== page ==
Based on a perceived need to “simplify and modernize” lawyer advertising rules, the Commonwealth of Virginia’s supreme court has adopted a new set of regulations that will make it easier for lawyers there to market their services. The slimmed-down rule, effective July 1, will consist of a single provision that bars false or misleading communications, plus a revised rule on soliciting clients.
The new Virginia regulation pares its Rule 7.1 down to two sentences: one prohibiting “false or misleading” communications about the lawyer or the lawyer’s services; and one defining “false or misleading.”
The changes jettison separate former rules on law firm names and communicating practice specialties, moving those subjects to a few succinct comments in the revised Rule 7.1.
The revised Rule 7.3, on soliciting clients, deletes a former provision that completely barred in-person solicitation of clients in personal injury and wrongful death cases, and now permits all in-person solicitation except when it involves “harassment” and the like, and when the prospective client has informed the lawyer that it’s unwelcome. The Virginia rule gives lawyers more lee-way than does Model Rule 7.3.
Less is more…
The new Virginia rules are patterned on the comprehensive proposals offered in 2015 and 2016 by the Association of Professional Responsibility Lawyers, which has urged the ABA to retire most of the Model Rules on lawyer advertising. The Old Dominion is the first jurisdiction to embrace that approach.
In the ABA/BNA Lawyer’s Manual on Professional Conduct, the chair of the APRL committee that originated the revamp proposal, Mark Tuft, is quoted as saying that reacting to new modes of advertising like Facebook and Snapchat with more regulation is counterproductive.
“Virginia is the first state that has recognized that greater regulation in an effort to respond to advertising in the electronic age is not the way to go,” Tuft told the Lawyers’ Manual.
(For more comment on the Virginia rule reboot, see John Marshall College of Law Professor Alberto Bernabe’s recent blog post: he questions whether the term “misleading” can be — well, misleading. And Memphis lawyer Brian Faughn (who’s also an APRL board member) weighs in as well.)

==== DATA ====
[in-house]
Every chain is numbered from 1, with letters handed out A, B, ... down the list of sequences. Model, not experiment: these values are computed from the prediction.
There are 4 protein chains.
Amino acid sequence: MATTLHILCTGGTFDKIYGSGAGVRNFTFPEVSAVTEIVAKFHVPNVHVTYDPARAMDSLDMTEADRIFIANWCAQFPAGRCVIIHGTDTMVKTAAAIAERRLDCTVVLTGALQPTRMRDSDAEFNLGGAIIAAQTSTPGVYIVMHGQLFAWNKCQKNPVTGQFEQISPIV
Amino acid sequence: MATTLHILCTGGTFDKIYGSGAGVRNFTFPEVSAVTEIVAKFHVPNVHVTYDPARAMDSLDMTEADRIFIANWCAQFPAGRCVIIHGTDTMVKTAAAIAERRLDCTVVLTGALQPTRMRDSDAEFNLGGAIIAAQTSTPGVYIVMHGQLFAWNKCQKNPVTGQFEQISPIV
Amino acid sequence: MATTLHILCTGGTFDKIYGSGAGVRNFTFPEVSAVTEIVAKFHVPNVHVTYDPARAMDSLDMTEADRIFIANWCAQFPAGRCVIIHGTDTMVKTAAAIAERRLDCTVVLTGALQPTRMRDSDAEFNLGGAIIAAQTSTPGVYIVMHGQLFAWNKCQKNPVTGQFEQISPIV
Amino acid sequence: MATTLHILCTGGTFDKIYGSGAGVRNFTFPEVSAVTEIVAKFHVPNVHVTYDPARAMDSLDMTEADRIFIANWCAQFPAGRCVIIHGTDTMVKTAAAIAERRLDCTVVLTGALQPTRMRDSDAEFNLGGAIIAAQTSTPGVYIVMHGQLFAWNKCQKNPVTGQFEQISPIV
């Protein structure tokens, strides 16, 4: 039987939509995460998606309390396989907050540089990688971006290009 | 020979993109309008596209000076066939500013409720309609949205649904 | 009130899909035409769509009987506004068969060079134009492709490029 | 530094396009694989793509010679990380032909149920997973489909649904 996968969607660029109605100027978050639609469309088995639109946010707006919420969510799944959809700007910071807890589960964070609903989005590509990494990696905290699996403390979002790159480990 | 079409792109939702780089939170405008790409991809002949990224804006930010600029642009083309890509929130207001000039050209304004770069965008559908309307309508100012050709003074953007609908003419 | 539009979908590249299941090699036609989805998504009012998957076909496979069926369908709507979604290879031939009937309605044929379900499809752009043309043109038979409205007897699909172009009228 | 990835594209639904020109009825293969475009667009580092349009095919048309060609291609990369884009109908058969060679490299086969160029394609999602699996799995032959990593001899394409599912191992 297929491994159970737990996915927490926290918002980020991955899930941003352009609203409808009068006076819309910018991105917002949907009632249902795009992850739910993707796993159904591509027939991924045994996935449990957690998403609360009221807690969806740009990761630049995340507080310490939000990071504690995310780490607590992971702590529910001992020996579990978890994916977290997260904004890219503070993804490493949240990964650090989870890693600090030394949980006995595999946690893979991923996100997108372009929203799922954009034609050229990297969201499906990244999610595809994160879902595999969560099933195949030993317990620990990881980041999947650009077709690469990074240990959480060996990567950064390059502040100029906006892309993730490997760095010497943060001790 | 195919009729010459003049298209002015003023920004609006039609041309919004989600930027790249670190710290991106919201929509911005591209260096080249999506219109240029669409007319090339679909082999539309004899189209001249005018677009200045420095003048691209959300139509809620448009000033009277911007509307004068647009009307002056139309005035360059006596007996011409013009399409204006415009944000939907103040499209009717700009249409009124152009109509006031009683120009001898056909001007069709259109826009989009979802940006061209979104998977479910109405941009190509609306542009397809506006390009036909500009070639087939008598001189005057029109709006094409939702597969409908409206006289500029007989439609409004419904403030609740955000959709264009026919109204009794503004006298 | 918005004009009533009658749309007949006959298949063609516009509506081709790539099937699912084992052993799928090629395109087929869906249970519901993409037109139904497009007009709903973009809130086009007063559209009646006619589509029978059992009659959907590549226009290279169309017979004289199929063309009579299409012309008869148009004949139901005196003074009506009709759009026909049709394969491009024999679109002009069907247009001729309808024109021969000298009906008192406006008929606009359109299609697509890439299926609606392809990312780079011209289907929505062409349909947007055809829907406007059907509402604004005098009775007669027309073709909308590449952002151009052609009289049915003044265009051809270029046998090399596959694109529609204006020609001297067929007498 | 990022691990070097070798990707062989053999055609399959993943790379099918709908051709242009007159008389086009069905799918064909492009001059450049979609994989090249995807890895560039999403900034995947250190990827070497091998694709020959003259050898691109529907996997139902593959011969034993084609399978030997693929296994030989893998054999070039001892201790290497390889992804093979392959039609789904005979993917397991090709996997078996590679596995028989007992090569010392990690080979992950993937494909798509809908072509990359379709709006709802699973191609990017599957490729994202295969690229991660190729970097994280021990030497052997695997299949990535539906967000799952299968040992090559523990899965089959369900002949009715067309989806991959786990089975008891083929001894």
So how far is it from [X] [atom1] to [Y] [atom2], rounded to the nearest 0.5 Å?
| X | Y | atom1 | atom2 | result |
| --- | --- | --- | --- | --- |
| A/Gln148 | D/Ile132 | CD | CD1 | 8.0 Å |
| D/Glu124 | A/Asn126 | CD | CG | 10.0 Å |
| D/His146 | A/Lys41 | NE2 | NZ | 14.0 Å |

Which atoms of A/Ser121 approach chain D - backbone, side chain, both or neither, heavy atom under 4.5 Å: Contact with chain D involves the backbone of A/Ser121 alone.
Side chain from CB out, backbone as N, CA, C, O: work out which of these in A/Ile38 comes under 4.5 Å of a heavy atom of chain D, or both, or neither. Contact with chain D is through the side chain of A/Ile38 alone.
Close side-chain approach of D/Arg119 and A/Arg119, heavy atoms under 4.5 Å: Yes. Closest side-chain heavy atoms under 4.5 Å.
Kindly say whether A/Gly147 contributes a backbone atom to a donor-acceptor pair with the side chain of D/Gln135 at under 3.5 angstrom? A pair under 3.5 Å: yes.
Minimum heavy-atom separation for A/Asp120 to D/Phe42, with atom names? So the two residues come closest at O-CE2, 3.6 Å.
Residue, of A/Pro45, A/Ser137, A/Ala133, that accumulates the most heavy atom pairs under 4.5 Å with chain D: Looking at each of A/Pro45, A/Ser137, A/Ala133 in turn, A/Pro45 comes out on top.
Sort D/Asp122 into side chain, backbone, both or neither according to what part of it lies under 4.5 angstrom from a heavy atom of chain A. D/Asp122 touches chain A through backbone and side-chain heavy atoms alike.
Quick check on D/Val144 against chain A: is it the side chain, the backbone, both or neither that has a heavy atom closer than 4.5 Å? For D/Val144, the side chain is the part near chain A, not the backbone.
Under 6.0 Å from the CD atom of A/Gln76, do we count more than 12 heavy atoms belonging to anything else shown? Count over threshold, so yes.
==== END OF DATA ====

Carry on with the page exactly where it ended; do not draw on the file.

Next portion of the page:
New Model Rules — maybe
In response to the APRL’s proposals, the ABA’s standing Ethics Committee convened a working group to review the call for an advertising rule revamp; the working group plans to make its recommendations to the Ethics Committee next month, according to the Lawyers’ Manual.
The ABA’s deliberations are at their beginning stages, and it would take some time before any changes made their way into the Model Rules on advertising. And from there, state supreme courts would need to carry out their own vetting processes before possibly adopting any ABA model into a state’s lawyer conduct rules.
But following Virginia’s example, it is possible that states won’t necessarily wait for the ABA, and instead might consider — or even embrace — the APRL’s approach directly.
Is it good for the profession?
The way we market our legal services is a subject that can generate strong opinions — but however you feel about it, lawyer advertising is here to stay. (Bates v. State Bar of Arizona, 433 U.S. 350 (1977).) The public now gets its information about legal services in a multitude of ways that were never dreamed of in 1983, when the ABA promulgated its Model Rules. The current rules in most jurisdictions are cumbersome and over-complicated, yet do nothing to make lawyer marketing dignified or in keeping with a learned profession. (For example, how about putting your firm advertising on a condom package? Or calling yourself “The Gorilla“?) We might as well move toward a streamlined set of regulations that will at least make it easier to communicate with the public about what we have to offer.